IA: B.O.S.S.

IA: B.O.S.S. - John Darryl Winston The first thing that struck me about this new book is the sharp contrast in the covers. Book 2 is dark and ominous making the cover lighter cover for book 1 seem almost cheerful in comparison. The cover is your warning that this book is going to transport Naz and the reader to dark places.

The story picks up mere days after the last one leaves off. With a release of pressure following the events of the previous book, Naz and Meri settle into a slightly more normalized existence. Naz is convinced to join the school basketball team and as a result gains a bunch of new friends. He finally gets a chance to talk with his dream girl, he finds a way to balance his new activities with his responsibilities and for a while life is pretty much typical teen. Then his friend dies in an apparent suicide, yet Naz is pretty sure that it was foul play. He begins to realize that he is being targeted. Things heat up as he investigates until finally the unthinkable happens.

Set against this are the occasional flashback scenes where we finally learn a little bit about Naz's father and the reasons why Naz has no memory of his life before The Exclave. We learn more about his mother and the sacrifices she was forced to make to protect her children. It is no accident that Naz has come to this place and as he learns to recognize his talents for what they are he also must learn who he can trust.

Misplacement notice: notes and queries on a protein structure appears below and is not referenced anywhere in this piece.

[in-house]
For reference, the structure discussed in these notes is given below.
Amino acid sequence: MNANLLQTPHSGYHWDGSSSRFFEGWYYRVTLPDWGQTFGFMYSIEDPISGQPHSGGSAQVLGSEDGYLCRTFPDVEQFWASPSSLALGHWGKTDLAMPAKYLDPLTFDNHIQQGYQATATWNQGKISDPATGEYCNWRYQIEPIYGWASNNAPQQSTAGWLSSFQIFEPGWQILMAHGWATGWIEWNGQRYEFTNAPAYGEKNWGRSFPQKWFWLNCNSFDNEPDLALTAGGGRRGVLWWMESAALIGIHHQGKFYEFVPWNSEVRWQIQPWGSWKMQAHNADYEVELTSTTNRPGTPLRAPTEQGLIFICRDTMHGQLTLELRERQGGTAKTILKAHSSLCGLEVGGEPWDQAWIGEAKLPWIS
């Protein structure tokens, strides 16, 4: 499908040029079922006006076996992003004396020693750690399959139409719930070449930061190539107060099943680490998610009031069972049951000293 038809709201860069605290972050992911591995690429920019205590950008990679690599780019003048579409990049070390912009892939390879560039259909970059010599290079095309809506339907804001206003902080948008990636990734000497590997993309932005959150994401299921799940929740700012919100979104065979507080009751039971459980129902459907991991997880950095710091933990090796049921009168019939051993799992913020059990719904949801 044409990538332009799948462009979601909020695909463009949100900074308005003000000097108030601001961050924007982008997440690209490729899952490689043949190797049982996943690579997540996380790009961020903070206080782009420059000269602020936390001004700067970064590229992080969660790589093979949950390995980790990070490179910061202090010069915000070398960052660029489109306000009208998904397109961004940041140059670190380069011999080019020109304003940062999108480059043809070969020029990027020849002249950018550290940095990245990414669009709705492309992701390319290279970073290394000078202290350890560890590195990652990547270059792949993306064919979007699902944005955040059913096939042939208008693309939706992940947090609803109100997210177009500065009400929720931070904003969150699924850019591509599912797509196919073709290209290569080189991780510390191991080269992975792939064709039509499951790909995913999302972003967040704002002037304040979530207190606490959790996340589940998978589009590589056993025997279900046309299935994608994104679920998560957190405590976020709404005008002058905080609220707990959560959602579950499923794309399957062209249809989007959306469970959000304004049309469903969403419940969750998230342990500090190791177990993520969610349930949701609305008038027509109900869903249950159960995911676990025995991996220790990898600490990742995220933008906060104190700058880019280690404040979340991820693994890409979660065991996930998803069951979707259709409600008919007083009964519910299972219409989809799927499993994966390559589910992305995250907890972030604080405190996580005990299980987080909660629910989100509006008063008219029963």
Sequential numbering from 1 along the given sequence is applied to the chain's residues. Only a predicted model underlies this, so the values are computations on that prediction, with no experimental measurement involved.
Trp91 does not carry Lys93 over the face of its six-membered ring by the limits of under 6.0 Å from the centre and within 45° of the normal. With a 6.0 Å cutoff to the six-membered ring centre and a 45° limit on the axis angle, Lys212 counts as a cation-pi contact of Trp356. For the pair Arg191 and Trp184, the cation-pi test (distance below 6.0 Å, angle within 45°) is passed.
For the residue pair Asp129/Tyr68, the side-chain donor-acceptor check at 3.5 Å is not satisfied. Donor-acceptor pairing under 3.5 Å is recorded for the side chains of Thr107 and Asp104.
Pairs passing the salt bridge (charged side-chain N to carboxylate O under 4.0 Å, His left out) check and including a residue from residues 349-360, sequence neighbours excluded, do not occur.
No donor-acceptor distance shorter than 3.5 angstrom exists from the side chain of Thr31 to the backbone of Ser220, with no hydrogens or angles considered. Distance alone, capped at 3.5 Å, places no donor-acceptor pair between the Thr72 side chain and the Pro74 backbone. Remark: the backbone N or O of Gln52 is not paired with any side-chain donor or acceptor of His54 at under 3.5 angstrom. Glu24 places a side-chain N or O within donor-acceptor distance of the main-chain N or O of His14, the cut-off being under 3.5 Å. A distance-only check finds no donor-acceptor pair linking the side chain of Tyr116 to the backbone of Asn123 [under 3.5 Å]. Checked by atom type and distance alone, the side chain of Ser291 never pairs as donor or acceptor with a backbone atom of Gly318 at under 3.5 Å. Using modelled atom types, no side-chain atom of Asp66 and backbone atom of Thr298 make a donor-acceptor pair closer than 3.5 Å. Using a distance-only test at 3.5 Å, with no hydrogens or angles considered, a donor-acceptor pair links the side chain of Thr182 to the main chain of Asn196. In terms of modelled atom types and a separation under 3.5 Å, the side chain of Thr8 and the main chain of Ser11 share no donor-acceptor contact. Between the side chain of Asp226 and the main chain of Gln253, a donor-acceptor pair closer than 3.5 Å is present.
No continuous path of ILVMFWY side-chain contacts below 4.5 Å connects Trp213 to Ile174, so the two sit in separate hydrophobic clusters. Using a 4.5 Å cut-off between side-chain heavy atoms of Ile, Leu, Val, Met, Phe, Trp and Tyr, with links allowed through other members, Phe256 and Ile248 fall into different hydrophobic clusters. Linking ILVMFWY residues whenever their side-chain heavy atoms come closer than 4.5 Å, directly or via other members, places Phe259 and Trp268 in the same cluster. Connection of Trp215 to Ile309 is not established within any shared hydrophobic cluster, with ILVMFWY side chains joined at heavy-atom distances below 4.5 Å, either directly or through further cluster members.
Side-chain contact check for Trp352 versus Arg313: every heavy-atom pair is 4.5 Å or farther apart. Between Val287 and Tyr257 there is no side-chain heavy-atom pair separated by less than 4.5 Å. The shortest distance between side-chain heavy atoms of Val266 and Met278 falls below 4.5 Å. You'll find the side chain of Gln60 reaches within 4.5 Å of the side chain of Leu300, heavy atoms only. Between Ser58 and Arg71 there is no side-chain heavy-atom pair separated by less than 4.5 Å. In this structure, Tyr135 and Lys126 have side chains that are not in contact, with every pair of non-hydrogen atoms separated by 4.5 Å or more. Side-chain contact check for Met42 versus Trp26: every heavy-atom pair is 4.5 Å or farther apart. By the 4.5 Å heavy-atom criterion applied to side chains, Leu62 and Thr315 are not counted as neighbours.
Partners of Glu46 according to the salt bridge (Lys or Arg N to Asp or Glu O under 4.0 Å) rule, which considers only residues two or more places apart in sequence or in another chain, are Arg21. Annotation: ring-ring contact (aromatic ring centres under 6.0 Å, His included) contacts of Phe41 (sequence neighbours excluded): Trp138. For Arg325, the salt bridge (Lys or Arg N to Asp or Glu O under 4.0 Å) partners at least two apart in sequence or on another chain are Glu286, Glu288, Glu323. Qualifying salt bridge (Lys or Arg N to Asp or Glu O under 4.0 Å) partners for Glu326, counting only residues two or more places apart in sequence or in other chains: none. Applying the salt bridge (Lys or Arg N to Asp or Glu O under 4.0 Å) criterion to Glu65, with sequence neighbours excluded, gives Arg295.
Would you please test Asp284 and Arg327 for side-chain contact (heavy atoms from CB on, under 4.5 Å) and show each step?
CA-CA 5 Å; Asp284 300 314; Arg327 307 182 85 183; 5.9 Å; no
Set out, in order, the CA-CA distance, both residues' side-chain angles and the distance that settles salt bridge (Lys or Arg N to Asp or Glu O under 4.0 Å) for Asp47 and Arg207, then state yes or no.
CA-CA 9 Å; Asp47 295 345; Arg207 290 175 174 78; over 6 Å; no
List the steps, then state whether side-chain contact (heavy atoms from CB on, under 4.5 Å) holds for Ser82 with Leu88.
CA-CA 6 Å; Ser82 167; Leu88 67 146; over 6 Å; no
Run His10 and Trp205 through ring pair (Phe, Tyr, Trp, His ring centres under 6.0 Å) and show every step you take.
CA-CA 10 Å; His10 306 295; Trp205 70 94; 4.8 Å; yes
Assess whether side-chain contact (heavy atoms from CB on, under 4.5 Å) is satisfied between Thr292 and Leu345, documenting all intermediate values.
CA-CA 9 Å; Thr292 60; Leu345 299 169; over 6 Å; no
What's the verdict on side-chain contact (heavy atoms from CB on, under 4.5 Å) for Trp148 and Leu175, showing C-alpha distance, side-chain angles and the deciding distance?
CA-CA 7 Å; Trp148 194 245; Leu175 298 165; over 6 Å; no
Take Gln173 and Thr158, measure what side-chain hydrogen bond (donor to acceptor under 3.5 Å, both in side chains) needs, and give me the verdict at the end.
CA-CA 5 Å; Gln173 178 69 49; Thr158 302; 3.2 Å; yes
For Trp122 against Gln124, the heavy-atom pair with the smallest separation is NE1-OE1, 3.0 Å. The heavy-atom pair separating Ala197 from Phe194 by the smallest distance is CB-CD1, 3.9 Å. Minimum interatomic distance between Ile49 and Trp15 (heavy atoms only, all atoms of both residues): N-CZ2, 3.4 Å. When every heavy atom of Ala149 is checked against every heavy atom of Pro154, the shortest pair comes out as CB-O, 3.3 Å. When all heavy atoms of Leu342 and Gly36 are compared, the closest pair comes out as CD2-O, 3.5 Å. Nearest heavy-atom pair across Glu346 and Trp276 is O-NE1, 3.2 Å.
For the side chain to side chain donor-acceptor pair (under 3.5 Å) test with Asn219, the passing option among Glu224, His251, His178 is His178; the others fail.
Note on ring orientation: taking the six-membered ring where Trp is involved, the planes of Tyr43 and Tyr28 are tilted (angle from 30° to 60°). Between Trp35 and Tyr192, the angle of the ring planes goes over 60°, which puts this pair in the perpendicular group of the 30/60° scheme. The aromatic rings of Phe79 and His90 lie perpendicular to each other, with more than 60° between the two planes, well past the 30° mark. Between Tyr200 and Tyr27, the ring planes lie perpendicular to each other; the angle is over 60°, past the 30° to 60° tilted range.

In the previous book we were introduced obliquely to so many really phenomenal characters. In this book we finally get to know them and become invested in their stories. Despite the lines filled in and so many answers coming to light we are still left with many more questions. The main one being who is behind group targeting Naz and how far will this person go to get what they want? While I do not fear for this young man whom I believe will win out in the end, I do want to weep for him. Seriously that is your warning to keep a tissue handy. Dark places indeed.

I gratefully received a copy of this book to review